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Exclusive: Indian origin Singapore-based producer of Award-winning film says Mithila Makhaan is just the beginning

Mithila Makhaan is the first Maithili language film to win National Award for the Best Feature Film. Samir's production house Ashwatha Tree Pvt Ltd in Singapore provides quality entertainment that inspires and brings about social change.

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National Award for Mithila Makhaan. Image source: NewsGram
NewsGram presents an exclusive tête-à-tête with the cast and crew of this year’s National Award winning Maithili film, Mithila Makhaan. In the first part of the series, Shillpi A Singh caught up with the movie’s Singapore-based producer Samir Kumar. Read on as he takes you to the magic of the moment on a glorious night, and shares his dreams of tomorrow and the wind of change that is blowing wild and free to give wings to the regional cinema, taking it many notches higher.
Ages ago, the Bard had said, “What’s in a name?” Perhaps, there’s a lot. A name adds certain qualities and values that a person inevitably happens to live with all through his life. And it is true for Singapore-based Samir Kumar whose first name when translated in Hindi means the wind. And he is living up to his name by bringing along a refreshing change in the world of regional cinema. A technocrat turned bureaucrat, he is currently an investment banker with a leading multinational bank in the Lion City.

Producer of the film Samir Kumar. Image source: NewsGram
Producer of the film Samir Kumar. Picture by SnR Dance&Events for NewsGram

A passionate movie buff, he has also forayed into film production. His production house’s debut outing, Mithila Makhaan, has won the National Award for the Best Feature Film in the Maithili language, a first of its kind honour for a regional language film from the twin states of Bihar and Jharkhand. Ecstatic and overwhelmed at this honour, he said, “It was great to receive the National Award. I had the privilege to speak to the Hon’ble President on the dais. I told him that this was the first Maithili film to win an award. And he politely responded, ‘Yes, I know’. The President wished me good luck. His kind words are still ringing in my ears. This recognition is our biggest motivation; it has raised the bar for all of us and we would keep up the good work in our future endeavours.”
A Good Start, A Good Beginning
Born in Bihar’s capital, Patna, Samir grew up in Sasaram, the second most literate city in the state, completing his studies till Class 12 from the state Board there. A brilliant student, he cleared the tough entrance exam and entered the hallowed portals of India’s top-notch technological institute, the Indian Institute of Technology, Kharagpur, in 1997. After completing his undergraduate degree in mining with top grades from IIT-Kgp, he was engaged as a Consultant with the Ministry of Coal, Government of India, for a short stint. From there, he moved on to pursue a management course at the premier management college, the Indian Institute of Management, Calcutta, in 2002. Armed with the best of degrees, Samir was flooded with offers from companies, both in India and abroad. He chose to work overseas for a while but the best of monetary compensation could not lure him to stay there for long; he yearned to do something for his motherland. Samir returned to India in 2009 to take the Civil Services exam for he thought it would give him an opportunity to make a difference at the grassroots level. The global exposure in his previous assignments stood him in good stead and he cleared UPSC exams in the first attempt itself, but the bureaucratic tag wasn’t enough to hold him to the coveted position for long. Realising that the allied service would not provide him with the kind of opportunities that he was looking for to serve the country, he put in his papers in 2010. “The wind then moved to foreign shores, and for good,” he laughed, fondly reminiscing how he moved to Singapore after dabbling in bureaucracy for a while. Today he is the Director of an international bank in the island state.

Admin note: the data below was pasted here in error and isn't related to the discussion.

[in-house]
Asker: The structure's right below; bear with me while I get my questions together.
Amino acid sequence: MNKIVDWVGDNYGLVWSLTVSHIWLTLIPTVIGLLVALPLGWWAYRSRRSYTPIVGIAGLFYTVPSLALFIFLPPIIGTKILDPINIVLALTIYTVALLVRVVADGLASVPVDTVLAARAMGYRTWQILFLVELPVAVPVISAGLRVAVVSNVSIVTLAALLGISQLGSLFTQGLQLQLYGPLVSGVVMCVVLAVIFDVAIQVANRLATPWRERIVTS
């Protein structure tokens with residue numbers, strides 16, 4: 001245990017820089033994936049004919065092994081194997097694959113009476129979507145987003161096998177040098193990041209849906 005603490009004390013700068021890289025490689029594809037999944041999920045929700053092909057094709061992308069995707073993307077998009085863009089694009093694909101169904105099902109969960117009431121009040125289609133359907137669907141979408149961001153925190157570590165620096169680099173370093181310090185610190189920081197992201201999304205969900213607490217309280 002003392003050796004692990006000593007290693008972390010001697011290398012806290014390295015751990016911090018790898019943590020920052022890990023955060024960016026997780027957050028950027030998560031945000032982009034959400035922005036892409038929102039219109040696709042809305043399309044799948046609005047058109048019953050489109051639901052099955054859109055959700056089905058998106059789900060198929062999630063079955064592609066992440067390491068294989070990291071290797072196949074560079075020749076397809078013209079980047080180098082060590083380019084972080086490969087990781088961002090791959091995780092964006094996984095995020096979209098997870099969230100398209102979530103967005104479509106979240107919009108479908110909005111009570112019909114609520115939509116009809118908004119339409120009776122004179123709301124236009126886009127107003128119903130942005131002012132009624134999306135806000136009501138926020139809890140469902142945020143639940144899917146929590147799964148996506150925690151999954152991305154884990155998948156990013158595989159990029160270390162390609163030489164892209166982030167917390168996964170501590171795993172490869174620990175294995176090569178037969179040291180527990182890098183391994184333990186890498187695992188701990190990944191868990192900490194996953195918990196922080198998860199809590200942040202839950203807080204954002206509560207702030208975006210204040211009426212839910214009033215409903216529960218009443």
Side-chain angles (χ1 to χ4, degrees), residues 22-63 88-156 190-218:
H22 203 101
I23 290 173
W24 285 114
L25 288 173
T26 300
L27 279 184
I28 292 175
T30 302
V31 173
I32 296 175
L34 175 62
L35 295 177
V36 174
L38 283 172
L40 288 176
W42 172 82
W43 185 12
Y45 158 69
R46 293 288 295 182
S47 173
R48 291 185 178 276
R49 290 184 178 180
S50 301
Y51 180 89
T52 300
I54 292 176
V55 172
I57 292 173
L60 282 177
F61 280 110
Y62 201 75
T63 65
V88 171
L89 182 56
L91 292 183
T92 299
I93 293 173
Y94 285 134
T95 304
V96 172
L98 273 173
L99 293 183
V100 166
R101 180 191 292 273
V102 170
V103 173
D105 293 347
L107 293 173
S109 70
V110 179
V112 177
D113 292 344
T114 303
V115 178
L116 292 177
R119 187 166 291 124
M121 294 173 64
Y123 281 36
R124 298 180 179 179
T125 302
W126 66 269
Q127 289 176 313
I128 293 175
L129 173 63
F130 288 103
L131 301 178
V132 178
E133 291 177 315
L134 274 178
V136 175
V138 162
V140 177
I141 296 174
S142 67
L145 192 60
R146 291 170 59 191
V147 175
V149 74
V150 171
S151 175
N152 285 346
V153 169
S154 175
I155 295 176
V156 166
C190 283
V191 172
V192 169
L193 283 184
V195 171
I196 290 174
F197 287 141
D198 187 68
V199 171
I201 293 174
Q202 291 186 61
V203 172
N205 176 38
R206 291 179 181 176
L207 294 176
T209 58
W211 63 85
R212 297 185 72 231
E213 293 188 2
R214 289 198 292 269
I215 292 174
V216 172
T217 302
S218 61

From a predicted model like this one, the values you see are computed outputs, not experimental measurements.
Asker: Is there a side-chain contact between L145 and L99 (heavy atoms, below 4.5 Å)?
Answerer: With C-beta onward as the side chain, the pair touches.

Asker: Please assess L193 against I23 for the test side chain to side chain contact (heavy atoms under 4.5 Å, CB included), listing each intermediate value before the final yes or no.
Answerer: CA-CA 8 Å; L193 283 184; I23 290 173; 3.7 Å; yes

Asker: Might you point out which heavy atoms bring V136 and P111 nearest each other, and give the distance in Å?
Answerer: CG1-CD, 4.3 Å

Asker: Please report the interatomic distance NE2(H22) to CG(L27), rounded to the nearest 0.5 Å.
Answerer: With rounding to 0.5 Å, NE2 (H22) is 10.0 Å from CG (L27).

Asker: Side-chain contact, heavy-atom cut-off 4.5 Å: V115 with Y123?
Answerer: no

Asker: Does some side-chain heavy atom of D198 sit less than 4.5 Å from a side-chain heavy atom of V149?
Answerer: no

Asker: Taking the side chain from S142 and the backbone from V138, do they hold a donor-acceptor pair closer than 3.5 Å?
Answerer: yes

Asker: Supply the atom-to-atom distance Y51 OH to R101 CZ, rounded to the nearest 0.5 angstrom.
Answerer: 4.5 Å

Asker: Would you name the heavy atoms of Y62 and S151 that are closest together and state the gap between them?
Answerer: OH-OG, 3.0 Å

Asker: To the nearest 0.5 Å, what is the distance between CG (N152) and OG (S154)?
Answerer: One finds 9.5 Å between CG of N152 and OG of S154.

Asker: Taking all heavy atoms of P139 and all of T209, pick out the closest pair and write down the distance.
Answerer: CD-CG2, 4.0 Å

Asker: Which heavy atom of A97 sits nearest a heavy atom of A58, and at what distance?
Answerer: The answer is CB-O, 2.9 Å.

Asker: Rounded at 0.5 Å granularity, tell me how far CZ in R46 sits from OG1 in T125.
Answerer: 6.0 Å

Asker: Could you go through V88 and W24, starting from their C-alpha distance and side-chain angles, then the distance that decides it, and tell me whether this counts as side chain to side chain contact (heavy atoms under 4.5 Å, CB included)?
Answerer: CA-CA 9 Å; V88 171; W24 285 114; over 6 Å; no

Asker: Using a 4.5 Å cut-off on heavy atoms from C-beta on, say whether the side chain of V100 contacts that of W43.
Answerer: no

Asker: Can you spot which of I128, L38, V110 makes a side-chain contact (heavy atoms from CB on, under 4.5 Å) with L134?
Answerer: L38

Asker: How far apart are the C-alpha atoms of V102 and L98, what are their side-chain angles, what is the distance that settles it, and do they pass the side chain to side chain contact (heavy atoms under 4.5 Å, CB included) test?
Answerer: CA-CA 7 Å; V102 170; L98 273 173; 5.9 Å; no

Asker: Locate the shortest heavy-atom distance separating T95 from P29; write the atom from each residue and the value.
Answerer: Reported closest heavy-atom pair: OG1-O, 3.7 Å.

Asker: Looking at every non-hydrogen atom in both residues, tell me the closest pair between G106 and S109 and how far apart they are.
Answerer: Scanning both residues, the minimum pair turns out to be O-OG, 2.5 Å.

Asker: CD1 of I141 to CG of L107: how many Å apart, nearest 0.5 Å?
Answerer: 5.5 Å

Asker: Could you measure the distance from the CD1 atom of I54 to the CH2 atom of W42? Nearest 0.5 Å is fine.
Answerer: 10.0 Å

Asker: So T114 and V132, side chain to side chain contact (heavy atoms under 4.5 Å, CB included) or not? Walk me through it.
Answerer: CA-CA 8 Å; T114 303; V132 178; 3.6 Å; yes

Reel-ty Check
He established his production house Ashwatha Tree Pvt Ltd in Singapore to provide quality entertainment that inspires and brings about social change. It may come as a surprise to many that the firm is owned and funded by Samir from his hard-earned income. “Every penny spent by Ashwatha Tree is well accounted. While making the film, I made it a point to keep the accounts clear by making all the financial dealings, big or small, through cheque. It was quite unusual for the industry. But that is how I wanted it. So it was,” he said.
It is the first Maithili film to be extensively shot in the US, Canada, India and Nepal. “There were certain budgetary constraints and operational challenges while making the film, but as they say, all is well that ends well. The Award has made us forget all the lows that we encountered en route our dream of making a sleek movie in Maithili,” said the filmmaker. The film has been produced by Neetu Chandraa’s Champaran Talkies and Samir’s Ashwatha Tree and co-produced by Illuminant Films.
The Dream Seller
But what prompted him to foray into films? “I am a financial markets trader by the day and a film producer by night,” he said with a chuckle. He quickly added, “I am passionate about making movies. I have been learning the nuances of digital film-making as a hobby. Nitin Neera Chandra is a dear friend. I met him two years ago. We bonded well as two of us have common interests — to do something meaningful for the region from where we hail. One thing led to another and Mithila Makhaan happened. And today here we are with the Award in our hand.”
Apart from bagging the National Award for its first Maithili film, Ashwatha Tree has also produced a Hindi film, Once Upon a Time in Bihar, which was a remake of the award-winning Bhojpuri film Deswa. Chandra directed the film starring Ashish Vidyarthi, Pankaj Jha, Arti Puri, Kranti Prakash Jha and Deepak Singh in the lead roles and it was released last year.